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The Rite of Christian Initiation of Adults

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   The Rite of Christian Initiation of Adults (RCIA) is the process by which people become members of the Roman Catholic Church. The process is concerned with the total formation of the person into believing with the Church community, living with the Church community, praying with the Church community, and serving with the Church community. This gradual development culminates in the celebration of the Initiation Sacraments of Baptism, Confirmation, and the Eucharist at Easter time.

    The central and unifying principle of the Rite is conversion. By entering into the conversion journey through the RCIA, people join the Paschal journey of Jesus Christ and are introduced to Church doctrine, life, liturgy, and apostolic work. The Rite thus broadens the older practice of “convert instruction” to allow for an all-inclusive and ongoing formation in the Faith. The Gospel message of conversion is the reason for becoming a Catholic Christian and the reason for remaining one.

    The Rite is designed primarily for those seeking Baptism; that is, those not Baptized previously. However, because of the nature of conversion as an ongoing reality, the RCIA is supplemented for those Baptized in other Christian denominations now seeking membership in the Roman Catholic Church. As such, the RCIA/Reception into Full Communion is a flexible process which respects the faith development of each individual while maintaining the ideals and visions of the Catholic community.

    The Rite of Christian Initiation can be likened to the “making” of a new family member. As the new member grows into the particular ways of a family’s living, the various members share their values, beliefs, and visions. In this interaction the family creates itself anew; it creates its own identity. This “making” necessarily involves not only the formation of a new member, but the formation of the family itself.

    By way of another example: in the making of an American, one applies for citizenship in a country defined by certain geography and given principles. In “becoming” a new citizen, one appropriates the “meaning” of America, and in the process, America realizes itself by the passing on and living out of its system of meanings. When Americans are “made,” therefore, so is America. In a parallel vein, when Christians are made, the Church is born again, by the passing on and living out of its system of meanings.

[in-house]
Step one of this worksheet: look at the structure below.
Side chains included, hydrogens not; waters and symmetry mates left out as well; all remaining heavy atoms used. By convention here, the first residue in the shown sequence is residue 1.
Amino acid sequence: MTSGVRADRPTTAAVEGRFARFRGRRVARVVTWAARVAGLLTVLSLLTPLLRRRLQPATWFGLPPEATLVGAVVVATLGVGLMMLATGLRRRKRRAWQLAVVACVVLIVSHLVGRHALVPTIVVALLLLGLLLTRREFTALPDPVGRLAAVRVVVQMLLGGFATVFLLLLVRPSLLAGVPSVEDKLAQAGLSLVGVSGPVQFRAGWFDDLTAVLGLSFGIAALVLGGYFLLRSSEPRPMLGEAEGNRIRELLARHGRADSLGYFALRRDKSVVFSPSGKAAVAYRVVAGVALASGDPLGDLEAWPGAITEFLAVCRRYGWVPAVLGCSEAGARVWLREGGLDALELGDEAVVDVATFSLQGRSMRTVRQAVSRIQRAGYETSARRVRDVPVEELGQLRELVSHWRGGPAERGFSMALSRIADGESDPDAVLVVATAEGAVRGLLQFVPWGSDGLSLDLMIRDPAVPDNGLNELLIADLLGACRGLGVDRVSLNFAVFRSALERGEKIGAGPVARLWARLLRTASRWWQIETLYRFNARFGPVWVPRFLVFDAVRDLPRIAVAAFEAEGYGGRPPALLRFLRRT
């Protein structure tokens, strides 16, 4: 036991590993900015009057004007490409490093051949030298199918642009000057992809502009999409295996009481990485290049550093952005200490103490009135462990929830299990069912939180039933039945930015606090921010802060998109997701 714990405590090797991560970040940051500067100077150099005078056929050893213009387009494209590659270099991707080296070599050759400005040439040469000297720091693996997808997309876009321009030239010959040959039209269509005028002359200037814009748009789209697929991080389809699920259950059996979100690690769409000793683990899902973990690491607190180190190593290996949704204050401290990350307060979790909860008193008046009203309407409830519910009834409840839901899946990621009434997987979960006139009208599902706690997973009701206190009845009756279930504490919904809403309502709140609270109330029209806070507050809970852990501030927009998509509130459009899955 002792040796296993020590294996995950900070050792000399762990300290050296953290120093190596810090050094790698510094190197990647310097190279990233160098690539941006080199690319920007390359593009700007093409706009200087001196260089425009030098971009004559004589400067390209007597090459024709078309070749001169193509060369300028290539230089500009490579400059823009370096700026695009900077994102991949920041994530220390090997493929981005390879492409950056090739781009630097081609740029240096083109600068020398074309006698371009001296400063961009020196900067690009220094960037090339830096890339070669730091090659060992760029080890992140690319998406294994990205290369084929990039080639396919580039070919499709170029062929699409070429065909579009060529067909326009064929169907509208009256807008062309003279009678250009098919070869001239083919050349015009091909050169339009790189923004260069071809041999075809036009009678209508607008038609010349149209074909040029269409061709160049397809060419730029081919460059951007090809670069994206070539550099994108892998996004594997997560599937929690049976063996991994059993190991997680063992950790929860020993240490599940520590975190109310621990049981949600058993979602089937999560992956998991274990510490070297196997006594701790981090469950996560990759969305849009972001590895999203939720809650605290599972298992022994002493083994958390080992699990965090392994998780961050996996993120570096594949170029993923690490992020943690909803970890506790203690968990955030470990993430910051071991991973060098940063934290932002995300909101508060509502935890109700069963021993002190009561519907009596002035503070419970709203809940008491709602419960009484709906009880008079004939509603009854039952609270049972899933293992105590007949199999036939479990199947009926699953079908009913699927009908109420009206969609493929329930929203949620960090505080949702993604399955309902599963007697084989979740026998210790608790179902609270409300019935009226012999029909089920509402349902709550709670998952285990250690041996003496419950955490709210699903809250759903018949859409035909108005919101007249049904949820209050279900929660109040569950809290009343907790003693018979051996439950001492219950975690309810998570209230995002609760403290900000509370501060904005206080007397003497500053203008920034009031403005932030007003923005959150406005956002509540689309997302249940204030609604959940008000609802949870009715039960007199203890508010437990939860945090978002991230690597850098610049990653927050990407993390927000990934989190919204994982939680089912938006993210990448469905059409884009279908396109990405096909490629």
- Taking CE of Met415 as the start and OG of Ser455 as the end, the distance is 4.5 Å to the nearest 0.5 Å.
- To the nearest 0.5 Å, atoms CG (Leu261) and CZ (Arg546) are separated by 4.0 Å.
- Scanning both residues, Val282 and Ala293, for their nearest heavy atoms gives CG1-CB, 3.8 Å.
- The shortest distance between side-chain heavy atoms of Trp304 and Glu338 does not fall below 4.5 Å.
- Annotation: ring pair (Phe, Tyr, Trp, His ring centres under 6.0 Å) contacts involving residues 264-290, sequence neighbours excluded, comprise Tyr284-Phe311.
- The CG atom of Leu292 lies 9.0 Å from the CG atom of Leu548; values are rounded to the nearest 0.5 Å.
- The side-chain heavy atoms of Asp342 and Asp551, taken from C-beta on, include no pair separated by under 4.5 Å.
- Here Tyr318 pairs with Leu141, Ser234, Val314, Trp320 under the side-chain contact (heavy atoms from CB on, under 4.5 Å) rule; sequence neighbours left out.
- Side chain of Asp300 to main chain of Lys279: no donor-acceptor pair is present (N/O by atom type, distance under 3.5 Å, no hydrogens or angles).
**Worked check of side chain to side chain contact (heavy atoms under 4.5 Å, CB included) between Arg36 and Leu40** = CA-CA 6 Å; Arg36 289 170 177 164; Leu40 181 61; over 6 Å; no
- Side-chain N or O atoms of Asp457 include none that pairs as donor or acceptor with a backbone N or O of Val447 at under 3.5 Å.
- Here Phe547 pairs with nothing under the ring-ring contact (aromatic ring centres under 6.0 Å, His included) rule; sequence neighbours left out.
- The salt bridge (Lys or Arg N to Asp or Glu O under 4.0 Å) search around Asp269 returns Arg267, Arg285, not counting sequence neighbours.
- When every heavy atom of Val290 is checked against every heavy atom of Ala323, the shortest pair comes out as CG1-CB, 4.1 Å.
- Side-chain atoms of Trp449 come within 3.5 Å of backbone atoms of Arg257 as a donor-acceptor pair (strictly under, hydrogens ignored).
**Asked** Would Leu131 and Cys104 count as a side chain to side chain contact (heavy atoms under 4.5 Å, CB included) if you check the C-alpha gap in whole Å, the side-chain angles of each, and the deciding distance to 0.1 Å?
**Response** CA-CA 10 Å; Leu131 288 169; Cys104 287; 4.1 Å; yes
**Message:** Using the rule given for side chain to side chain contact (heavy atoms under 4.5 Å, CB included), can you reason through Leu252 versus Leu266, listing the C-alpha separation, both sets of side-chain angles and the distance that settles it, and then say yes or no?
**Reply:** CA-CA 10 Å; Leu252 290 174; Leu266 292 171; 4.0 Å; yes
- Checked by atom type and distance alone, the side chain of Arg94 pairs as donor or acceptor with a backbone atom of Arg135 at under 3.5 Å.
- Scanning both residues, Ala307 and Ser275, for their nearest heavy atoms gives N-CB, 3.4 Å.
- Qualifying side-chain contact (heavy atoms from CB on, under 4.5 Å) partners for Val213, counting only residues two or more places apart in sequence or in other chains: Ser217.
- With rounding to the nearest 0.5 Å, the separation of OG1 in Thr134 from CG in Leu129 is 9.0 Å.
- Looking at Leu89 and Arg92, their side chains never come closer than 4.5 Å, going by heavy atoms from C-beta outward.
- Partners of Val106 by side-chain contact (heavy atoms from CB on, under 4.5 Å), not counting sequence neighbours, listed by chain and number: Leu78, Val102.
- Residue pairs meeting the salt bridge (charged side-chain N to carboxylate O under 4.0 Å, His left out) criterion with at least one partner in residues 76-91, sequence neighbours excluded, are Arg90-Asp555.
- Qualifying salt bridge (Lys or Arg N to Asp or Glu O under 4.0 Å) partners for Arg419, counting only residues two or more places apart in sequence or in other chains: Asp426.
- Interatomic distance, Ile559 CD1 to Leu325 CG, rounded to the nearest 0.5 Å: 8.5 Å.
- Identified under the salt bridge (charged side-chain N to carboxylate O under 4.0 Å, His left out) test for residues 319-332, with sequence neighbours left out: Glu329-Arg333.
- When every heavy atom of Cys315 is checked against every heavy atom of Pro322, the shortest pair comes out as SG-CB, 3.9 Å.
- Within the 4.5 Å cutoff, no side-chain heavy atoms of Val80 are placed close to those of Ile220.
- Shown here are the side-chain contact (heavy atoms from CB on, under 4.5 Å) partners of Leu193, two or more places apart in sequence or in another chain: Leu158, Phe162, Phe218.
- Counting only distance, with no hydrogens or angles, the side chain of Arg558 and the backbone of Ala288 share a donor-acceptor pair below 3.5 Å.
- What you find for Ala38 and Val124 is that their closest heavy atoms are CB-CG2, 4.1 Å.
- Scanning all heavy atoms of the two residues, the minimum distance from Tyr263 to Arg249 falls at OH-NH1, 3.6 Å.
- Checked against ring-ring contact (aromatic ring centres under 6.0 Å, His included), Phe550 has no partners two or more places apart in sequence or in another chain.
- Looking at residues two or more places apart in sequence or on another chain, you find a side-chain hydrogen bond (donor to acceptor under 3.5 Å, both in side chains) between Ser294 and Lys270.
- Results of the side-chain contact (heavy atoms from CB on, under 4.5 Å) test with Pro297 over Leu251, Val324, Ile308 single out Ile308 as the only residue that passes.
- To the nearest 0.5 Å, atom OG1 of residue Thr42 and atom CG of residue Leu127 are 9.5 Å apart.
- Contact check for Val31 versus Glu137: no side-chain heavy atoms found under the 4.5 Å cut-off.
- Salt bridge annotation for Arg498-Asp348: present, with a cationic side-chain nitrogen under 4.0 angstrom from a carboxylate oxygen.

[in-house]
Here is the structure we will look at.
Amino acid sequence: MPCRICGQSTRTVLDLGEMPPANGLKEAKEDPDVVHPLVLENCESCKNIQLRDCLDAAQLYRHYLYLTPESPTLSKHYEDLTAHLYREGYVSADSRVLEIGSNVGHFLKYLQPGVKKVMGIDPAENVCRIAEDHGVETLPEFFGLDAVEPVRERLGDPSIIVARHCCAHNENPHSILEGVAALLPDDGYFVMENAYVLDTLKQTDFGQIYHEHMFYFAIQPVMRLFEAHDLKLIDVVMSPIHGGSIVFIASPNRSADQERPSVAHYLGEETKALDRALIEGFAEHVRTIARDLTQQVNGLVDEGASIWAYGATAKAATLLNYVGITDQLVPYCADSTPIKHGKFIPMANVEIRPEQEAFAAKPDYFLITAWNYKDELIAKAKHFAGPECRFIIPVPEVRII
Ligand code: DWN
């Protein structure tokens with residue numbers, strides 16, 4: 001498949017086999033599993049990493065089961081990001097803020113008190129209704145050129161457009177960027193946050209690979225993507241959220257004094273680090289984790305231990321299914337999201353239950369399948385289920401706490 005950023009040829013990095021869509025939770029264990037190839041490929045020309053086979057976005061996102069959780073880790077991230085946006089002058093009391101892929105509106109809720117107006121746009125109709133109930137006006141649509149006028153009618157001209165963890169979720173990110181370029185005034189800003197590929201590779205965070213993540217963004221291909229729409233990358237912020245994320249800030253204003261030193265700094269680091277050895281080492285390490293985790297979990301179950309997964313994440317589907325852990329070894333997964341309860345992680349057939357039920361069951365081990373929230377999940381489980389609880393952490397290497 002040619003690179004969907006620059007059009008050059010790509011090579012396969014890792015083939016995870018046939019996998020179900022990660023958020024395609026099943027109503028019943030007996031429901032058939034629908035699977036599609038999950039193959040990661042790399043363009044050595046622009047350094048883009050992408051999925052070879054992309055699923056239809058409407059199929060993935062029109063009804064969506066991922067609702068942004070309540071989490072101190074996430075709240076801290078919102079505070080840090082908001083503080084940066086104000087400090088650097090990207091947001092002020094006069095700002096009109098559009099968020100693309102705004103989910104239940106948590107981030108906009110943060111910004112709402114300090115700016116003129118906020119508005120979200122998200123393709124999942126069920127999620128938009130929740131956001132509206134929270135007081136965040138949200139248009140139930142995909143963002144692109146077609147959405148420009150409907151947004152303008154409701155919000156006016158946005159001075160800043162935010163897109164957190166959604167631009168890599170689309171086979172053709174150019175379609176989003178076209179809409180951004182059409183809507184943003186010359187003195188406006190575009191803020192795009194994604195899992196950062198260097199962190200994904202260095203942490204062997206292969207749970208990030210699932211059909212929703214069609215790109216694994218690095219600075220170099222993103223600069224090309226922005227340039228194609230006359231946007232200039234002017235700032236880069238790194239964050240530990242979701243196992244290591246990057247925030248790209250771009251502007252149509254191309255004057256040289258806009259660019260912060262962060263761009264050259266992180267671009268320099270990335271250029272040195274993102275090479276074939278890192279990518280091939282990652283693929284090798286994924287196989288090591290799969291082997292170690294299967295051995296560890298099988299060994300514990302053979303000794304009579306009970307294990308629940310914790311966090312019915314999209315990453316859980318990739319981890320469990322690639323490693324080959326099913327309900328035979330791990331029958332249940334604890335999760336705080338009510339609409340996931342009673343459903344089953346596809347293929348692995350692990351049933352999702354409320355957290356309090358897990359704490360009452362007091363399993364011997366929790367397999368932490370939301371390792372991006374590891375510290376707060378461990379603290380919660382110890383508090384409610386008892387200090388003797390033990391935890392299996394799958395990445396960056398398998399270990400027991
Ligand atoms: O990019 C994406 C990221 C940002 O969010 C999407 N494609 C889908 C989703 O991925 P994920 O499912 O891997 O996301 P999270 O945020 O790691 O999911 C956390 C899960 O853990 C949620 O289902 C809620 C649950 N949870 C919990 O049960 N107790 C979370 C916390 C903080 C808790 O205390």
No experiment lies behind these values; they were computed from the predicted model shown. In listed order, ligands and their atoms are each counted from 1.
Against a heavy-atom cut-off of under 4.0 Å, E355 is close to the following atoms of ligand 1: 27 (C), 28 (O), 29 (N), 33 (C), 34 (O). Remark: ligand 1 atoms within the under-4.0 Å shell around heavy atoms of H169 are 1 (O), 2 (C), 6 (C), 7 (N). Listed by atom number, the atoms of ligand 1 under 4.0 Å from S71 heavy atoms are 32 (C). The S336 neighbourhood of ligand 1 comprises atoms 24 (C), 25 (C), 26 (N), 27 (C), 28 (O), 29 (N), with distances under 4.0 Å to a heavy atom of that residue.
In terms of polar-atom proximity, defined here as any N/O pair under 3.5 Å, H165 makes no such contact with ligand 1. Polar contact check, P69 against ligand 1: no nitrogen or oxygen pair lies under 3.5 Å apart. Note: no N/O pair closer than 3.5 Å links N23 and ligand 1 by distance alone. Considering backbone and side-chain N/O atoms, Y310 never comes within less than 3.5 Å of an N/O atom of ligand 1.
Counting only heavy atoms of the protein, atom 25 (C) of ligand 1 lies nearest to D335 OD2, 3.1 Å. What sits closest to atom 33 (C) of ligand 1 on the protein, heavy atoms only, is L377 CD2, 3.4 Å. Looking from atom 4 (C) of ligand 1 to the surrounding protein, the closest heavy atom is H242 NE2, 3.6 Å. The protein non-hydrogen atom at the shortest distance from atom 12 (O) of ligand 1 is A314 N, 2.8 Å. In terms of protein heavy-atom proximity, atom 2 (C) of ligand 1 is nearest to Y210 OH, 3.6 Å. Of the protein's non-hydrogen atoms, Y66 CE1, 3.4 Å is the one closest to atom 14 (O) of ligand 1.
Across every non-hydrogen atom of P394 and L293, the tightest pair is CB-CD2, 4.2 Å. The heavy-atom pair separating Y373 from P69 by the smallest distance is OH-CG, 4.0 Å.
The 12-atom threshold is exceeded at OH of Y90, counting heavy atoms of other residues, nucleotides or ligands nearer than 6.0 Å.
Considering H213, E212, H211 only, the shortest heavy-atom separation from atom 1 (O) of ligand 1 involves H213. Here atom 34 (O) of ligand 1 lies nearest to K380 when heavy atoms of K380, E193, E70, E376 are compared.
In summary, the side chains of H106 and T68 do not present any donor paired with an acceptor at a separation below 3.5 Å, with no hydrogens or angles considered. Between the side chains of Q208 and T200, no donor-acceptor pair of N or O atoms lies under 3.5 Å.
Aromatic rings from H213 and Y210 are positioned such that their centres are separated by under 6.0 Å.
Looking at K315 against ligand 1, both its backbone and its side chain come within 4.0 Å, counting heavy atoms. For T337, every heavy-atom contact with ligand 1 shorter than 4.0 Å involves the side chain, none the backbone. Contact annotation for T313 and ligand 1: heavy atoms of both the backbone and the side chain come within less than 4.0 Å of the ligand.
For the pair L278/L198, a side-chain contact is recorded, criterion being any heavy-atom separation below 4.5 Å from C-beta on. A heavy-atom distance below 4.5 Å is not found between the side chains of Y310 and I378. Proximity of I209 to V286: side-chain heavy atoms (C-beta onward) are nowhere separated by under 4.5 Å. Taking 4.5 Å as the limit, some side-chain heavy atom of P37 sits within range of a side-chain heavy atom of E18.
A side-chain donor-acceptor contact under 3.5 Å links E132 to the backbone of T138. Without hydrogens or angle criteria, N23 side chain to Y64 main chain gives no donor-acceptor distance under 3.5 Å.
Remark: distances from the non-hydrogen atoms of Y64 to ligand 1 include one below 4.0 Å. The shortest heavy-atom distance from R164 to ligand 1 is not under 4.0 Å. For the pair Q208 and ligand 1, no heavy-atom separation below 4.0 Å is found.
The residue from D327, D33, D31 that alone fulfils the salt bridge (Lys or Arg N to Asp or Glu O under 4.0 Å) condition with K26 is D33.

In a strict sense, the RCIA is the process to be followed for becoming a Catholic Christian as an adult. But in a fuller sense, this process for becoming is also the model for remaining a Catholic Christian.


    The Rite of Christian Initiation is not a program but a process. Everyone is welcome to learn about the Faith without any commitment to join the Church.

   It is the Church’s way of ministering sensitively to those who seek membership. The usual length of preparation is up to one year but may vary. We currently meet each Wednesday evening.

   The process of spiritual renewal and instruction should not be hasty, especially for those not accustomed to the fasts, feasts, Sundays and seasons the way Catholics observe them.

   The best time for the Sacraments of Initiation or the Rite of Reception into Full Communion is the Easter Vigil. This celebration points to the wellspring of the Church’s life: “The Life, Death and Resurrection of Jesus Christ.”

  Each person's situation and circumstances are unique.  To discuss what would work best for you, please call or E-Mail the parish office. The  Pastor, the Deacon, or a member of the RCIA team will be happy to contact you to help you learn more about us and our process.

For more information please E-Mail us                       
or call the Parish office at 304-363-7434

Last Revised: January 02, 2015